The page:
To apply fertiliser to the pot of your citrus tree, clear any mulch from the area directly beneath the tree canopy. Sprinkle some fertiliser in a band immediately below the external perimeter of the foliage. Water well and replenish the mulch.

Application of fertiliser in addition to organic material will ensure that your citrus tree is provided with a range of essential nutrients for healthy growth.

Keep in mind that the type of fertiliser you choose will have a huge impact on the health of your citrus plant. There are many options available for purchase, and selecting the right one can save you a lot of time and money in the long run.


Water your citrus tree generously during summer, preferably with rainwater. Wait for the potting mixture’s surface to dry well in winter before watering it. When the time is right, water the plant thoroughly with lukewarm rainwater and let the excess moisture drain away.

During the establishment period, water your citrus tree twice a week. The frequency of watering can be cut back once it’s established. After that, you’ll only need to water it more frequently during dry periods and when its fruits are developing.

When the fruits are ready to harvest, maintaining proper soil moisture is essential, or your citrus tree can become stressed. This can result in the dropping of a significant part of the fruit before it’s even ripe.

The most common mistake people make when looking after a citrus tree is overwatering it during winter. It’s best to keep the soil on the drier side.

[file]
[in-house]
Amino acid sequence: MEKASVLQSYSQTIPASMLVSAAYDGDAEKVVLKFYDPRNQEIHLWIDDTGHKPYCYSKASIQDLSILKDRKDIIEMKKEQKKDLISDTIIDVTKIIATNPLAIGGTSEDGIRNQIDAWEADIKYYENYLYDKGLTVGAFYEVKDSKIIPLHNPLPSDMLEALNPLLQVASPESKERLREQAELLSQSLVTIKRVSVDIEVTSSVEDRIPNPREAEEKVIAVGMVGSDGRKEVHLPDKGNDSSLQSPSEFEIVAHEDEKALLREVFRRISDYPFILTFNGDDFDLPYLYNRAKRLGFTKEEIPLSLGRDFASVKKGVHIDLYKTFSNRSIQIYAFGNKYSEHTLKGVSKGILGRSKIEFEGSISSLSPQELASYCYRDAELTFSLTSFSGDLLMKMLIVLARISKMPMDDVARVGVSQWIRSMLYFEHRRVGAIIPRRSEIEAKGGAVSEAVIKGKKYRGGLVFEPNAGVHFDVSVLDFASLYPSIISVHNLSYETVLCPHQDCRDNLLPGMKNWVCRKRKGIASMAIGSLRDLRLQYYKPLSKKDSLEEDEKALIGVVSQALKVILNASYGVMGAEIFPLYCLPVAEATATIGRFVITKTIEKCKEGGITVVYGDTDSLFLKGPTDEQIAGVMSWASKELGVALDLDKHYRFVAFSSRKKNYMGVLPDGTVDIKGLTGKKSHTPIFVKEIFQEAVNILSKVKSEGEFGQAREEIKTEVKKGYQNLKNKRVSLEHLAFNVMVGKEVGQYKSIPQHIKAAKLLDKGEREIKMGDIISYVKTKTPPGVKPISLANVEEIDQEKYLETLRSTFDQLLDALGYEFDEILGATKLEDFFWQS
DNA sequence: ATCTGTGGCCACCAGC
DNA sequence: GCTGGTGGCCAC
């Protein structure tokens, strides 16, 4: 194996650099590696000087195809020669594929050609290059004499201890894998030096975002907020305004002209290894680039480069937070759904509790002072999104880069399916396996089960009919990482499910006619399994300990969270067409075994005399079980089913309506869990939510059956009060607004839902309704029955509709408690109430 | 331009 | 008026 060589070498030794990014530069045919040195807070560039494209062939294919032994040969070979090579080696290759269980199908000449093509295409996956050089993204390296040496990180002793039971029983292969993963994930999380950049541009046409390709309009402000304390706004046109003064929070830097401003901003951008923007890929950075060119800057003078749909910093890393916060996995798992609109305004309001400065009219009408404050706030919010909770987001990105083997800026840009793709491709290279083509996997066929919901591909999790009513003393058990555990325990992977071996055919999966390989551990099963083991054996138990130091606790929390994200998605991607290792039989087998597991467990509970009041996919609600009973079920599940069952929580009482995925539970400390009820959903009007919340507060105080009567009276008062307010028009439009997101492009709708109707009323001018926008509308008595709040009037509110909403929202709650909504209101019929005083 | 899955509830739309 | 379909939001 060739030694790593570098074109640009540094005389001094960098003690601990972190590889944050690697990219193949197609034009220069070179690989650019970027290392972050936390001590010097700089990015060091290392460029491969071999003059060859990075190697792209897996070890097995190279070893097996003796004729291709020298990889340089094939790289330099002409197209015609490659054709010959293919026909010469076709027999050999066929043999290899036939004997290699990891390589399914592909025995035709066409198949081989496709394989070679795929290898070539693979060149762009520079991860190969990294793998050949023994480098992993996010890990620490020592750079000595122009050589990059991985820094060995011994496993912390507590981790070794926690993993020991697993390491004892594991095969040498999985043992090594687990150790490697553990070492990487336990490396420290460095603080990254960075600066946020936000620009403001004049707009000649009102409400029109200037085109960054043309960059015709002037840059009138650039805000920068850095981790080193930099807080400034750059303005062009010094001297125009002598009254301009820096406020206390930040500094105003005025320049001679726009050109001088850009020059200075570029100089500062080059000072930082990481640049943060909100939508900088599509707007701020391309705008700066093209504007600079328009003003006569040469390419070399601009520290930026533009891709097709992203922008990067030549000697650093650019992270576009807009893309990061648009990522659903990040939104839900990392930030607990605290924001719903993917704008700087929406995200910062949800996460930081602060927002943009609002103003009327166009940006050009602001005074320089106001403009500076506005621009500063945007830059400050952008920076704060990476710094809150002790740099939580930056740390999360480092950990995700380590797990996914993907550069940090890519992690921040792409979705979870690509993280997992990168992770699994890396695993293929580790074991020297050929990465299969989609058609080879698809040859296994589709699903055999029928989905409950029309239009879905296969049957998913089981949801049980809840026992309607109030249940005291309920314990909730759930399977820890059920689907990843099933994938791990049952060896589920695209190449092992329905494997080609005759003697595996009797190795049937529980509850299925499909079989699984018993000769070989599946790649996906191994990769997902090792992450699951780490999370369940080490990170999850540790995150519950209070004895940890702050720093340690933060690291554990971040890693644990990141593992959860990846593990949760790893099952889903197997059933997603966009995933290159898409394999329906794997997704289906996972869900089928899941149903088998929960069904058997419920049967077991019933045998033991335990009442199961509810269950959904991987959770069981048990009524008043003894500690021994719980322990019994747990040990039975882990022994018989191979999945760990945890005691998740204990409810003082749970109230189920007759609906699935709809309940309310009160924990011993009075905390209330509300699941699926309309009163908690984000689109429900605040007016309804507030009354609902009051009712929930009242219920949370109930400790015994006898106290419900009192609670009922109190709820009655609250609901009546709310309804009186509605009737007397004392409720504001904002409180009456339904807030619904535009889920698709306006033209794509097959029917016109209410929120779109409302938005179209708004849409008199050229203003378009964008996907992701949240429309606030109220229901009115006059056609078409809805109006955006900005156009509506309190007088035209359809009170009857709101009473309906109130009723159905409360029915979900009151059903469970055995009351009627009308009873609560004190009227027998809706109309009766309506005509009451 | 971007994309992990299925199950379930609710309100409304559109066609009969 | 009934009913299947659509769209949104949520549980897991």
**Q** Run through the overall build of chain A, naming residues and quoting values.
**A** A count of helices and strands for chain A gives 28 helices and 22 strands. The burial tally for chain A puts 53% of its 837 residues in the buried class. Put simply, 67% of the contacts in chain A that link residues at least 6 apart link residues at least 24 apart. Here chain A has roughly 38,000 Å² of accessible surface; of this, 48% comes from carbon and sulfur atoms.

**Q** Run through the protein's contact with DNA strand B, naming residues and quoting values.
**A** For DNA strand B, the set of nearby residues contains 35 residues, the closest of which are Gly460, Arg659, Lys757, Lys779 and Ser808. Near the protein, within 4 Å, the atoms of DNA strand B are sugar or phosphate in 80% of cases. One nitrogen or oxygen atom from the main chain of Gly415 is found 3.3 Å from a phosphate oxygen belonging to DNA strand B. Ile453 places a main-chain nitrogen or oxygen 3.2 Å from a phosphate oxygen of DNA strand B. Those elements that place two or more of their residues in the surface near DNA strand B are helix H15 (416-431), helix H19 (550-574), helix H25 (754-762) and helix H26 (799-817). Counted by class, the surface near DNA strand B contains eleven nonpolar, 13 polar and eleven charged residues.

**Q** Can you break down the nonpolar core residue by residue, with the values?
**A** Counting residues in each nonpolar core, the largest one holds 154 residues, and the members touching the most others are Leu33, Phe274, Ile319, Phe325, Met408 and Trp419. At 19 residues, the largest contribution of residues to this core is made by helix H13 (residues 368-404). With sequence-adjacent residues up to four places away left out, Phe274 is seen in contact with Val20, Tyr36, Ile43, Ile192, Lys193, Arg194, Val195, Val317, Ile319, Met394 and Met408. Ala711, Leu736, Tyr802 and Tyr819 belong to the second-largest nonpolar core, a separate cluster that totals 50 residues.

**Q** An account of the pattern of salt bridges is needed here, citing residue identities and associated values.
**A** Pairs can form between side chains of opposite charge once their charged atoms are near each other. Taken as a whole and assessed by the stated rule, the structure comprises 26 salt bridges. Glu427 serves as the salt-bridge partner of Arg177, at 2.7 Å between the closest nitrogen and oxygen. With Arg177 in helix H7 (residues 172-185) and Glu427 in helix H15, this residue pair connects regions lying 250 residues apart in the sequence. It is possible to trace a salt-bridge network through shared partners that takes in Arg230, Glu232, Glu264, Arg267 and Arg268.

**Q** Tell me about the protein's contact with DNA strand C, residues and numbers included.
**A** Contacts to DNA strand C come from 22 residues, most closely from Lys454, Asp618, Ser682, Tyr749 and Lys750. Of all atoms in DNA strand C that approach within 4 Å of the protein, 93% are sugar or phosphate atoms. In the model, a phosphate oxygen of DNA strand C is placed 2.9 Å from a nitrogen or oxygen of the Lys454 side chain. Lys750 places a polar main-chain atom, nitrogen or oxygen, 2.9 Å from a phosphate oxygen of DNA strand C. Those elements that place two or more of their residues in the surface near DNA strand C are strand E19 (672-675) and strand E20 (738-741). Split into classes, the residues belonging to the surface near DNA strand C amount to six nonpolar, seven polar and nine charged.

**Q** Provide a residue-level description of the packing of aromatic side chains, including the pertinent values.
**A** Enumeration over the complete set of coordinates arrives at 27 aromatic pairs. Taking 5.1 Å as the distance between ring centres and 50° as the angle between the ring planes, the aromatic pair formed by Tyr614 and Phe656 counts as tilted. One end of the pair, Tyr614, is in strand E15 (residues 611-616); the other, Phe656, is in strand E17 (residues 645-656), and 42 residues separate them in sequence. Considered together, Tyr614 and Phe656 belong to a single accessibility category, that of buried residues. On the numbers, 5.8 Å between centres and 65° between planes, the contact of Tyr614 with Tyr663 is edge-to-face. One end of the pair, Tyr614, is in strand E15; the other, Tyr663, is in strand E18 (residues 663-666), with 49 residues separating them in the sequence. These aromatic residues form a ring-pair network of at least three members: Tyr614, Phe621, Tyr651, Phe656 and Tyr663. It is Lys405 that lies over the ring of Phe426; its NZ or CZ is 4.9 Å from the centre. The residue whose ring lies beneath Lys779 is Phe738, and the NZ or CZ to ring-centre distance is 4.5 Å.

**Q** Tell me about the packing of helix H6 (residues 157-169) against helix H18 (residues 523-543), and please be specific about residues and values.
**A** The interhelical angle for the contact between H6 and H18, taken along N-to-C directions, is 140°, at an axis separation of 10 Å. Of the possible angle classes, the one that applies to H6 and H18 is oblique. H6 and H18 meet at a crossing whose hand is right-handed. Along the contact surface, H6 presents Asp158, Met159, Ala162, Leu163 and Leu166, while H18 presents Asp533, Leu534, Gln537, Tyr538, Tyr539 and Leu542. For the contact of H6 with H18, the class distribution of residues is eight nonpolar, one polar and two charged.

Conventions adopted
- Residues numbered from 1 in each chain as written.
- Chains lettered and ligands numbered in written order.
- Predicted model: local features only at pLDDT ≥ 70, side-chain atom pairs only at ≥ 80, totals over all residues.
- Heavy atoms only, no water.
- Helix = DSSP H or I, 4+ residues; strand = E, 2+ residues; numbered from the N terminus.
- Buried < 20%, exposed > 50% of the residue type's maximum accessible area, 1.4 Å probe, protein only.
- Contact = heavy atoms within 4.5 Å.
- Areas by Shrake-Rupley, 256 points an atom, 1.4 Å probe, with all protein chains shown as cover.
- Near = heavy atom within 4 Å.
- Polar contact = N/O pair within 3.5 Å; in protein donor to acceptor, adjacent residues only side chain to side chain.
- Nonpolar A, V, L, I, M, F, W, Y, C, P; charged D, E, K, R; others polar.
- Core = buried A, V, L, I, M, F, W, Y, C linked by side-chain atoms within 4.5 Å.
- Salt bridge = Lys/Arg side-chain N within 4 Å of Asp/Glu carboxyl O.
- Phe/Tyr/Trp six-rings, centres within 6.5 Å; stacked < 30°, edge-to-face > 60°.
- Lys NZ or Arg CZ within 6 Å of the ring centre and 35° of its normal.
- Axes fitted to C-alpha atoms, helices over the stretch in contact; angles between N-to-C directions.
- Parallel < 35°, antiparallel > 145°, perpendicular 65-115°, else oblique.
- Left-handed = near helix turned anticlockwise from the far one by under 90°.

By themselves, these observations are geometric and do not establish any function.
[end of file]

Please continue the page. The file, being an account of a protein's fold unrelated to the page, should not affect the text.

Garden maintenance professionals suggest hand misting your tree regularly to ensure it pollinates.

Training and pruning a citrus tree

Citrus trees are different from most fruit trees because they’re evergreen and require minimal pruning. However, you’ll need to reshape any overcrowded branches in February and pinch back the tips of the more vigorously growing ones during summer using your thumb and forefinger.

In some instances, mature citrus plants may begin to produce unwanted, rapidly growing branches. Remove them as soon as possible once they start popping up from the main branches at the bottom of the plant.

Pests and disease management

To avoid pests and disease and ensure healthy growth for your citrus plant, prepare the soil by enriching it with compost before planting your citrus tree.

Sometimes, despite all your efforts, pests and disease still attack your citrus tree. To identify them, look for the following:

  • Scale, leaf miners, and aphids. These are common citrus pests. However, they rarely cause major damage. Treat them with an environment-friendly oil spray to solve the problem.
  • Stink bugs. They can cause damage to your citrus tree and its produce. Remove them by using your hand as soon as you notice them. Make sure you’re wearing gloves and eye protection while doing that.
  • Yellow leaves. They’re a common concern with citrus trees. However, if you have prepared the soil appropriately and replenish it each season, your citrus will thrive well. If you face this problem, look for fertilisers with boosted magnesium and iron to assist in the prevention of yellowing.

Besides the above-mentioned, other pests that may affect your citrus tree include spider mites, fruit flies, and the tristeza virus, which is spread by aphids. In some cases, nutrient disorders from a lack of nitrogen, magnesium, manganese, or zinc can also occur.

Final Words

Citrus plants are fragrant, flavourful, and rewarding plants to grow as long as you know how to care for them properly. Whether you choose a grapefruit, orange, or lemon, you can successfully grow your own citrus tree in the UK and reap its benefits.